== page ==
Senior Execs’ Finances Won’t Go Online

bloomua/Shutterstock.com

Senior federal employees will not have to disclose their personal finances for an online public database under legislation Congress approved on Friday.

Both chambers agreed to end a requirement in the 2012 Stop Trading on Congressional Knowledge Act for senior career executives and congressional staff to disclose their finances for an online downloadable and searchable database. The financial disclosure requirement in the law still applies to the president, vice president, Cabinet officials and other senior administration officials requiring Senate confirmation, lawmakers and congressional candidates.

The House passed S. 716 by unanimous consent Friday, after the Senate approved the bill Thursday evening.

Carol Bonosaro, president of the Senior Executives Association, praised lawmakers for making “the right decision” and said the group “is grateful to Congress for recognizing the harm that would have resulted from posting financial disclosure statements of senior level career employees on the Web.”

The STOCK Act is designed to combat insider trading in government and enhance transparency, but several groups opposed the creation of a public database containing the personal finances of federal employees and their spouses. Critics, including SEA, pointed to the unintended consequences that could result from posting the financial details of the senior civil service corps online, including identity theft, kidnapping and extortion, particularly for those employees and their families living overseas and intelligence personnel working undercover in foreign countries.

The nonprofit National Academy of Public Administration, which last month recommended a suspension of the online posting requirement for federal employees, argued that extensive information on the personal finances of those employees already is required by law, and that making it so readily available online, coupled with the already vast reach of the Internet, makes it too easy for individuals or organizations to exploit that information for criminal and other purposes. High-ranking government personnel currently file financial disclosure forms to the Office of Government Ethics; they are available to the public upon written request.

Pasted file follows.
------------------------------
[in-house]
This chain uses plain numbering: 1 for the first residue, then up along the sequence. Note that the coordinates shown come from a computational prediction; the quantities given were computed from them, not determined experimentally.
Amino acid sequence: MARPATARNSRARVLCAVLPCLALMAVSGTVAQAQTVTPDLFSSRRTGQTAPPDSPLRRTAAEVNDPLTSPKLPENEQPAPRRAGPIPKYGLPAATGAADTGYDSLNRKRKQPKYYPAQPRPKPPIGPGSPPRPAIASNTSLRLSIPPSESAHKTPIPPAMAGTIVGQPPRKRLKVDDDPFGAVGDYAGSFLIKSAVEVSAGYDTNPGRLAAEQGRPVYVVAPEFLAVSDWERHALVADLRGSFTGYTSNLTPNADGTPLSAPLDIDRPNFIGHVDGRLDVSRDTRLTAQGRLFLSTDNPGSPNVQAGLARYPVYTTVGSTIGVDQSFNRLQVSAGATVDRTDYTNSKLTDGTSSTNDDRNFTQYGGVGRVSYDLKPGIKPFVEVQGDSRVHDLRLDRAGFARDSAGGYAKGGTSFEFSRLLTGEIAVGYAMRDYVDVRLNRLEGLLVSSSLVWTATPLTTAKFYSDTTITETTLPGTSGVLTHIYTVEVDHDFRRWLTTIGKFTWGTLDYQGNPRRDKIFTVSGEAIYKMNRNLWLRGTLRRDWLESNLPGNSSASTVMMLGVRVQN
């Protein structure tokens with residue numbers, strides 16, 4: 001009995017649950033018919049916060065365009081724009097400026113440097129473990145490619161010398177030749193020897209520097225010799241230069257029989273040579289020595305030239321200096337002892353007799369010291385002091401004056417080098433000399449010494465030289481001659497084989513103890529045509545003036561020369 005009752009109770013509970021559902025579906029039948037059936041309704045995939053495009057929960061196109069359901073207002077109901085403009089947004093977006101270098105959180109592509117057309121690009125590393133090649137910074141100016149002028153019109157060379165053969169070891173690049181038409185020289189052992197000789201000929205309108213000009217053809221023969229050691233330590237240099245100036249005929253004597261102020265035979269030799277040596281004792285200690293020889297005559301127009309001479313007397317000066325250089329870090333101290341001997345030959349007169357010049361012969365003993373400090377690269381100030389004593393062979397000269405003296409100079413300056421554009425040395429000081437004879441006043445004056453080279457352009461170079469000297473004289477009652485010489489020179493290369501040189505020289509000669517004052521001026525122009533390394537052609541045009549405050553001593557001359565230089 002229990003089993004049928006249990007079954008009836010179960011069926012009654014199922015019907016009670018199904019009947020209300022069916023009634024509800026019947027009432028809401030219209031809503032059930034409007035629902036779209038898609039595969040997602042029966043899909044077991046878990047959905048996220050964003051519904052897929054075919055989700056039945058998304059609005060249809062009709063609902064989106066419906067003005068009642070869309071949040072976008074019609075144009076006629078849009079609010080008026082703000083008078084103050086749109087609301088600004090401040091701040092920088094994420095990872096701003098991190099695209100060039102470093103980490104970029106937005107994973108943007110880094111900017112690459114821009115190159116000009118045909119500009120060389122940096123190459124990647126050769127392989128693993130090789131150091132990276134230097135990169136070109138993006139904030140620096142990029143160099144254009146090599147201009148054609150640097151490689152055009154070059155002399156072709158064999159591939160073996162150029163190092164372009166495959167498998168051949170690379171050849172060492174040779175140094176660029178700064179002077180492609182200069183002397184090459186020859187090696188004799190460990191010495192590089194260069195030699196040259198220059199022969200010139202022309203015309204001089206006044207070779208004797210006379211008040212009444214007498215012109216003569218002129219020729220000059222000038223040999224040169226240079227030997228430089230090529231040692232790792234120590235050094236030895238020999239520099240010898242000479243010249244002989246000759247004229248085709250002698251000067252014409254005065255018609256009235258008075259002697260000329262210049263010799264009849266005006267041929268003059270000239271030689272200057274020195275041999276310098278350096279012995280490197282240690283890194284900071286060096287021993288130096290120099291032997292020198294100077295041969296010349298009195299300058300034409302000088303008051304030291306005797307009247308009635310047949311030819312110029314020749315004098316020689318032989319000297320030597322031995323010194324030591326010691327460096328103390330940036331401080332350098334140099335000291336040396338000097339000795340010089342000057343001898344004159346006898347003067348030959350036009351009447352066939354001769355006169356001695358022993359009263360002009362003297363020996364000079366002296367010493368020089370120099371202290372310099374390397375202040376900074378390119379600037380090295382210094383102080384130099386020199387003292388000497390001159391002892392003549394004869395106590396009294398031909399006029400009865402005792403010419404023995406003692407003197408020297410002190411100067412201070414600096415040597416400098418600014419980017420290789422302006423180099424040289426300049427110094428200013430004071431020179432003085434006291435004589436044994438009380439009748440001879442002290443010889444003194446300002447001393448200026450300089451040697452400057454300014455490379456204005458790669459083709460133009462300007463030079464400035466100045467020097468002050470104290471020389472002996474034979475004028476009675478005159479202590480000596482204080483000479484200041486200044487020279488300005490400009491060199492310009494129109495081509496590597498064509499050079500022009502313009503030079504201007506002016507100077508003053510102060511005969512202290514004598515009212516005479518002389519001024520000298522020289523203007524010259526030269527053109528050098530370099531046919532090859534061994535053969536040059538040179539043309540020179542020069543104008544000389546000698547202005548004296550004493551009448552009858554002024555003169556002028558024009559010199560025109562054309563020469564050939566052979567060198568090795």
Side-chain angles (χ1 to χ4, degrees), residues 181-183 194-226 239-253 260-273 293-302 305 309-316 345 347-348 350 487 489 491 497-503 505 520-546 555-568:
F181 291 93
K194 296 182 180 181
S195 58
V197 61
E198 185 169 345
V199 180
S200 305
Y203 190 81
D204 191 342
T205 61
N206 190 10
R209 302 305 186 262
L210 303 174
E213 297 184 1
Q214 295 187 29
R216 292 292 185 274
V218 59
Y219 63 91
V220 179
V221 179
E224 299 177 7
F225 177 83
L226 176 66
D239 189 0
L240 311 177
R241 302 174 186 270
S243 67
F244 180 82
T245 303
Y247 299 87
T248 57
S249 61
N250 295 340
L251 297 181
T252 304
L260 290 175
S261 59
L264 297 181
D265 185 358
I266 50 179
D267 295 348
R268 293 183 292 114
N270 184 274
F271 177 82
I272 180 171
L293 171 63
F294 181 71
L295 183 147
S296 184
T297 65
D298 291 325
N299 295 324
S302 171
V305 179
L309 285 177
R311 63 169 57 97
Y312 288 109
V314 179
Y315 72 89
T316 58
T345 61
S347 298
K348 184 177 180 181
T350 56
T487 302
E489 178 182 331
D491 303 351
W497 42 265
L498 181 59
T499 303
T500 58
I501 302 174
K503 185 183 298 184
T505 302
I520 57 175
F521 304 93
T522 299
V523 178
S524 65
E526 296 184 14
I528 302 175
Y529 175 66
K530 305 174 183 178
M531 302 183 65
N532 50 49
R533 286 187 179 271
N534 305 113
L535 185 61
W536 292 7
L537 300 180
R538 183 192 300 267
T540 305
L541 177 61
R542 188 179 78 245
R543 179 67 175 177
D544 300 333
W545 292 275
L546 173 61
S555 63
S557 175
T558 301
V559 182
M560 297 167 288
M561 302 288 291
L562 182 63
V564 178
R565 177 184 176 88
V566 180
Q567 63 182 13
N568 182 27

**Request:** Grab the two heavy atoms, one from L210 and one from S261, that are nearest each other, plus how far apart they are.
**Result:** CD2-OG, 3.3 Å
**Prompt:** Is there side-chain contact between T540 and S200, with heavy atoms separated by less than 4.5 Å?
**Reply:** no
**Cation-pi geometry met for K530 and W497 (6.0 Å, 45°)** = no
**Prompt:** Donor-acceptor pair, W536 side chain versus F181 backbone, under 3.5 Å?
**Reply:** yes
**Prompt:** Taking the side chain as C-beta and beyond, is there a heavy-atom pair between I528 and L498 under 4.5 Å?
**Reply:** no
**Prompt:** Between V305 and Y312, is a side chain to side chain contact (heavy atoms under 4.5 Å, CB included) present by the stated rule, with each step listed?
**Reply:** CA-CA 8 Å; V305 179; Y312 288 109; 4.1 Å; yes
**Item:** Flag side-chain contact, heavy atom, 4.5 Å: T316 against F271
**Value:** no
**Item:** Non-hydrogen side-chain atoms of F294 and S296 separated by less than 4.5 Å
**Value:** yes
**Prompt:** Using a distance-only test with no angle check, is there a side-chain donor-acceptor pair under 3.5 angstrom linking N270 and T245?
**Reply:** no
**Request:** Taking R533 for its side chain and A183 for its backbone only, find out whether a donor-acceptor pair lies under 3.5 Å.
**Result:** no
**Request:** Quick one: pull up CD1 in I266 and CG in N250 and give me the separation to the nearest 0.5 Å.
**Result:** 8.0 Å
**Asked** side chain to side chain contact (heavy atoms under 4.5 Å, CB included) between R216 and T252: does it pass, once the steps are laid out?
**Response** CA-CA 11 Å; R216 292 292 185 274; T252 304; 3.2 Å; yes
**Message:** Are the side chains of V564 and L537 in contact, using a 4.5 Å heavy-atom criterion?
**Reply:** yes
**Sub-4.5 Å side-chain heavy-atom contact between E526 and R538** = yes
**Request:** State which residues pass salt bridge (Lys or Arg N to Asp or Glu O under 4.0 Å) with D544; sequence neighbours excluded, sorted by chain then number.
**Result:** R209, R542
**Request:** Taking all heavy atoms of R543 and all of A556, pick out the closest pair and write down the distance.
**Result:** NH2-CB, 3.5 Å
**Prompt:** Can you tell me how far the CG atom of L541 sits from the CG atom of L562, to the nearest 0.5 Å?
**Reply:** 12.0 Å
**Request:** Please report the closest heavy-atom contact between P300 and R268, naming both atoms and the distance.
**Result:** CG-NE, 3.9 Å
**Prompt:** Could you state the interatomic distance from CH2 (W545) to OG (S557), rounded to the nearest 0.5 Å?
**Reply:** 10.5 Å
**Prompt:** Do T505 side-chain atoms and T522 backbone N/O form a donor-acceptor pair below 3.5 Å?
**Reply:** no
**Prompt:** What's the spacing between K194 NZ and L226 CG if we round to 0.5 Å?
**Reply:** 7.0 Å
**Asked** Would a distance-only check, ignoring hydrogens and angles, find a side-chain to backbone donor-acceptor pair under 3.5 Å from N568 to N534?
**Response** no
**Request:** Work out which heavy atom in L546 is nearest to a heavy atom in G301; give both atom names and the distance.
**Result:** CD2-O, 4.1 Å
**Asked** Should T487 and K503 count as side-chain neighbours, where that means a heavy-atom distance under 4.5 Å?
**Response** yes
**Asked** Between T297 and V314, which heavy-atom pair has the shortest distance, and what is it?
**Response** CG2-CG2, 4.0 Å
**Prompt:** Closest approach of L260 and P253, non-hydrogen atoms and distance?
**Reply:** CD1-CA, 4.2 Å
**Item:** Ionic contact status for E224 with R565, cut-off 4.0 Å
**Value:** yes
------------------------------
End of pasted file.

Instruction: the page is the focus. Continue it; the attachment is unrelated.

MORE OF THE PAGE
Congress had postponed the STOCK Act disclosure requirement for career employees and staffers until April 15 to review the issue. The latest legislative action essentially ends the requirement for those groups saying it “shall not be effective” for them.

(Image via bloomua/Shutterstock.com)

Stay up-to-date with federal news alerts and analysis — Sign up for GovExec's email newsletters.
FROM OUR SPONSORS
JOIN THE DISCUSSION
Close [ x ] More from GovExec
 
 

Thank you for subscribing to newsletters from GovExec.com.
We think these reports might interest you:

  • Sponsored by G Suite

    Cross-Agency Teamwork, Anytime and Anywhere

    Dan McCrae, director of IT service delivery division, National Oceanic and Atmospheric Administration (NOAA)

    Download
  • Data-Centric Security vs. Database-Level Security

    Database-level encryption had its origins in the 1990s and early 2000s in response to very basic risks which largely revolved around the theft of servers, backup tapes and other physical-layer assets. As noted in Verizon’s 2014, Data Breach Investigations Report (DBIR)1, threats today are far more advanced and dangerous.

    Download
  • Sponsored by One Identity

    One Nation Under Guard: Securing User Identities Across State and Local Government

    In 2016, the government can expect even more sophisticated threats on the horizon, making it all the more imperative that agencies enforce proper identity and access management (IAM) practices. In order to better measure the current state of IAM at the state and local level, Government Business Council (GBC) conducted an in-depth research study of state and local employees.

    Download
  • Sponsored by Aquilent

    The Next Federal Evolution of Cloud

    This GBC report explains the evolution of cloud computing in federal government, and provides an outlook for the future of the cloud in government IT.

    Download
  • Sponsored by LTC Partners, administrators of the Federal Long Term Care Insurance Program

    Approaching the Brink of Federal Retirement

    Approximately 10,000 baby boomers are reaching retirement age per day, and a growing number of federal employees are preparing themselves for the next chapter of their lives. Learn how to tackle the challenges that today's workforce faces in laying the groundwork for a smooth and secure retirement.

    Download
  • Sponsored by Hewlett Packard Enterprise

    Cyber Defense 101: Arming the Next Generation of Government Employees

    Read this issue brief to learn about the sector's most potent challenges in the new cyber landscape and how government organizations are building a robust, threat-aware infrastructure

    Download
  • Sponsored by Aquilent

    GBC Issue Brief: Cultivating Digital Services in the Federal Landscape

    Read this GBC issue brief to learn more about the current state of digital services in the government, and how key players are pushing enhancements towards a user-centric approach.

    Download

When you download a report, your information may be shared with the underwriters of that document.